Chinese reign supreme

WITHOUT doubt, the supremacy of the Chinese table tennis players in Asia will remain unchallenged in the near future.

RAKESH RAO

WITHOUT doubt, the supremacy of the Chinese table tennis players in Asia will remain unchallenged in the near future. The `Great Chinese Wall', looked impenetrable when some established and some not-so-established young talents displayed their speed, skill, strength and stamina in the 10th Asian junior table tennis championship at New Delhi's Talkatora Indoor Stadium.

The Chinese boys and girls who won the team titles. — Pic. R. V. MOORTHY-

China won both team titles and swept all five in the open events as well. It did not bother to send an entry in the cadet group and that helped India and Japan collect a gold each in the section that did not really count much. India also had a bronze each from the cadet boys' and cadet girls' sections.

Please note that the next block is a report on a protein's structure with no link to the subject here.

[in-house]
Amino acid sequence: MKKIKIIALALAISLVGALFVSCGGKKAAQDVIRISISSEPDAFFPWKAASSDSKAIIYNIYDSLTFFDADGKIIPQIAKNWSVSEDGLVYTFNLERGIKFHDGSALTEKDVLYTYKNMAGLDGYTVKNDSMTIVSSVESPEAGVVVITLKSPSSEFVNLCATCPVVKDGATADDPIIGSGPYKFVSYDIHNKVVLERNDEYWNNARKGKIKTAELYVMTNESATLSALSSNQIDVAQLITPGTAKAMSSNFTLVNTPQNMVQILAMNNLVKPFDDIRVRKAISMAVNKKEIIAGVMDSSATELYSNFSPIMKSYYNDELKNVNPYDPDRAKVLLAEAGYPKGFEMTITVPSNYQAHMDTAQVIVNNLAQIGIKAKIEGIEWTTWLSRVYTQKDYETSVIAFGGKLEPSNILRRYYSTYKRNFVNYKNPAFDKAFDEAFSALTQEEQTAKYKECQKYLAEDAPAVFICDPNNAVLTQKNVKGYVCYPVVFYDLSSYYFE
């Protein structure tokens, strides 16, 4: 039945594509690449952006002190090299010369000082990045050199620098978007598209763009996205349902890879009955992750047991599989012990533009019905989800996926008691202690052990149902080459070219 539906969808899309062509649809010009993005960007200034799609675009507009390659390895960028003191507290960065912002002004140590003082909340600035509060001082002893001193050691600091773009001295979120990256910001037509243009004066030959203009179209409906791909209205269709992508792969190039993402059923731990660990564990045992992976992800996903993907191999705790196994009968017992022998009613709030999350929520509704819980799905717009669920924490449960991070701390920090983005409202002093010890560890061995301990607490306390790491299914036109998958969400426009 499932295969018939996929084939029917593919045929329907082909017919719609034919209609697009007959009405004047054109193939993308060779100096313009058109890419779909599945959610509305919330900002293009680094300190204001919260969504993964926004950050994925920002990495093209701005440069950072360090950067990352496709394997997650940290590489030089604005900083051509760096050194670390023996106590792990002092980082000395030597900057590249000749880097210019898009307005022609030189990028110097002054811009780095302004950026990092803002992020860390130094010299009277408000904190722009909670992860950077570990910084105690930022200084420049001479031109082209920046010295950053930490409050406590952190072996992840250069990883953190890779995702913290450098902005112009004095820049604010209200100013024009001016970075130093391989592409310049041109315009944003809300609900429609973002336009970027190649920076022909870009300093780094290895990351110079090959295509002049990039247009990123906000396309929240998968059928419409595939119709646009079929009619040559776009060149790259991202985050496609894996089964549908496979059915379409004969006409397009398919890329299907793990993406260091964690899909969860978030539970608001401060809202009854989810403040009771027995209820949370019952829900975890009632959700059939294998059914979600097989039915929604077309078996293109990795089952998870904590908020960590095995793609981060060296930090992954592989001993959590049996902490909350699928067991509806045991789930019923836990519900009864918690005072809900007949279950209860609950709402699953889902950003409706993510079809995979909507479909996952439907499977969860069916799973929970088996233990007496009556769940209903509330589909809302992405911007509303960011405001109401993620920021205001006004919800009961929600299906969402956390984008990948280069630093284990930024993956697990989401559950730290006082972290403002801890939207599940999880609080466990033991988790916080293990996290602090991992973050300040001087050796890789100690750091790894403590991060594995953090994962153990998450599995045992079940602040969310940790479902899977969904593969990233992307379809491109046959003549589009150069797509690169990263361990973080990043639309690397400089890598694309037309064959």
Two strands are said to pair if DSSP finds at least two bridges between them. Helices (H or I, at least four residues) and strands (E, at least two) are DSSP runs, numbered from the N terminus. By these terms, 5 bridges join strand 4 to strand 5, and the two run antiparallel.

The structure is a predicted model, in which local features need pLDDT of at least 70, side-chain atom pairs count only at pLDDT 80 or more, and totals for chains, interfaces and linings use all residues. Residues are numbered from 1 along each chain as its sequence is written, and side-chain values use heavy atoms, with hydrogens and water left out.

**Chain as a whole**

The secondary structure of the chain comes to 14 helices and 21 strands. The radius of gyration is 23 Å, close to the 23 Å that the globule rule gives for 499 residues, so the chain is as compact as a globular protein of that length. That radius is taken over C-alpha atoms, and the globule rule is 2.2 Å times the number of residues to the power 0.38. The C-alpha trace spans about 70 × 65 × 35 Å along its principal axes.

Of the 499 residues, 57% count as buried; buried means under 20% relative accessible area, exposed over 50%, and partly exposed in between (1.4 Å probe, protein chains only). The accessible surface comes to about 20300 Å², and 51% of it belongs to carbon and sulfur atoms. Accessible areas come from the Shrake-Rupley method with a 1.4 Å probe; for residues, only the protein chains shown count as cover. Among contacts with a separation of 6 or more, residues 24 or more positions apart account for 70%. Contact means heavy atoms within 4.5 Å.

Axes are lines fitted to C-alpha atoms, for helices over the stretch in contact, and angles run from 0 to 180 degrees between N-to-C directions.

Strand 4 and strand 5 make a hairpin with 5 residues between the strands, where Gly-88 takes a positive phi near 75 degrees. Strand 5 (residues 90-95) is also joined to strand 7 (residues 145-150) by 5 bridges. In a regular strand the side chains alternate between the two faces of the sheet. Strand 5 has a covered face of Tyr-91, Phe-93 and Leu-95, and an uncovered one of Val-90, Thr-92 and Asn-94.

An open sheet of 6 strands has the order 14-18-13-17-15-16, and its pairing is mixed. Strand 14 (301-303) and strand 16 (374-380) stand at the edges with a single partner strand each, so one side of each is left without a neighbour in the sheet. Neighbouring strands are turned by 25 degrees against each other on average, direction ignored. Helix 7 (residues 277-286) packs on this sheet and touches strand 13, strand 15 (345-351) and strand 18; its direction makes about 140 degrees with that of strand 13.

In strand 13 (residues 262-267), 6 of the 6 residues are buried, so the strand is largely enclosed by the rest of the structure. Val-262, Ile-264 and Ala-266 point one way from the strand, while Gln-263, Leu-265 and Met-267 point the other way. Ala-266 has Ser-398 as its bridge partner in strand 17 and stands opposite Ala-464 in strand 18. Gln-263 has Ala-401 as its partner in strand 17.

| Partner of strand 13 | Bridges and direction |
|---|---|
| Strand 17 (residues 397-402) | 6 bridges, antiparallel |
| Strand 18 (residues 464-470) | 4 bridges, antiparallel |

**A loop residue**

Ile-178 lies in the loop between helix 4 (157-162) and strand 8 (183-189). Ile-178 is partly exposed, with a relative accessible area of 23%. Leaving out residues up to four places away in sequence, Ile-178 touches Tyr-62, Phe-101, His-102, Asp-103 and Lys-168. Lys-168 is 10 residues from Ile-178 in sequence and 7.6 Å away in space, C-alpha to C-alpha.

Ma Long, ranked joint eighth in the world junior rankings pulled off the final against compatriot Zhang Jike in the boys' final that provided somewhat of an anti-climatic end to the proceedings. Jike, seen by experts all around the world as a future world champion, produced brilliant stuff all through but was mysteriously off-colour against Long.

In the women's section, China packed a surprise. The unranked trio of Feng Yalan, Ding Ning and Liu Shiwen almost owned the arena as they not only helped China retain the girls team title but also reached the singles semifinals. On the way, these girls made a mockery of some of the players from Chinese Taipei, Korea and Japan. What more, Cai Sai, the only member of the Chinese girls team which had a junior world ranking, a distant 63, was not missed in the team's title-defence.

Feng Yalan (left) and Ma Long, the girls' and boys' champions in the individual events. -- Pic. PTI-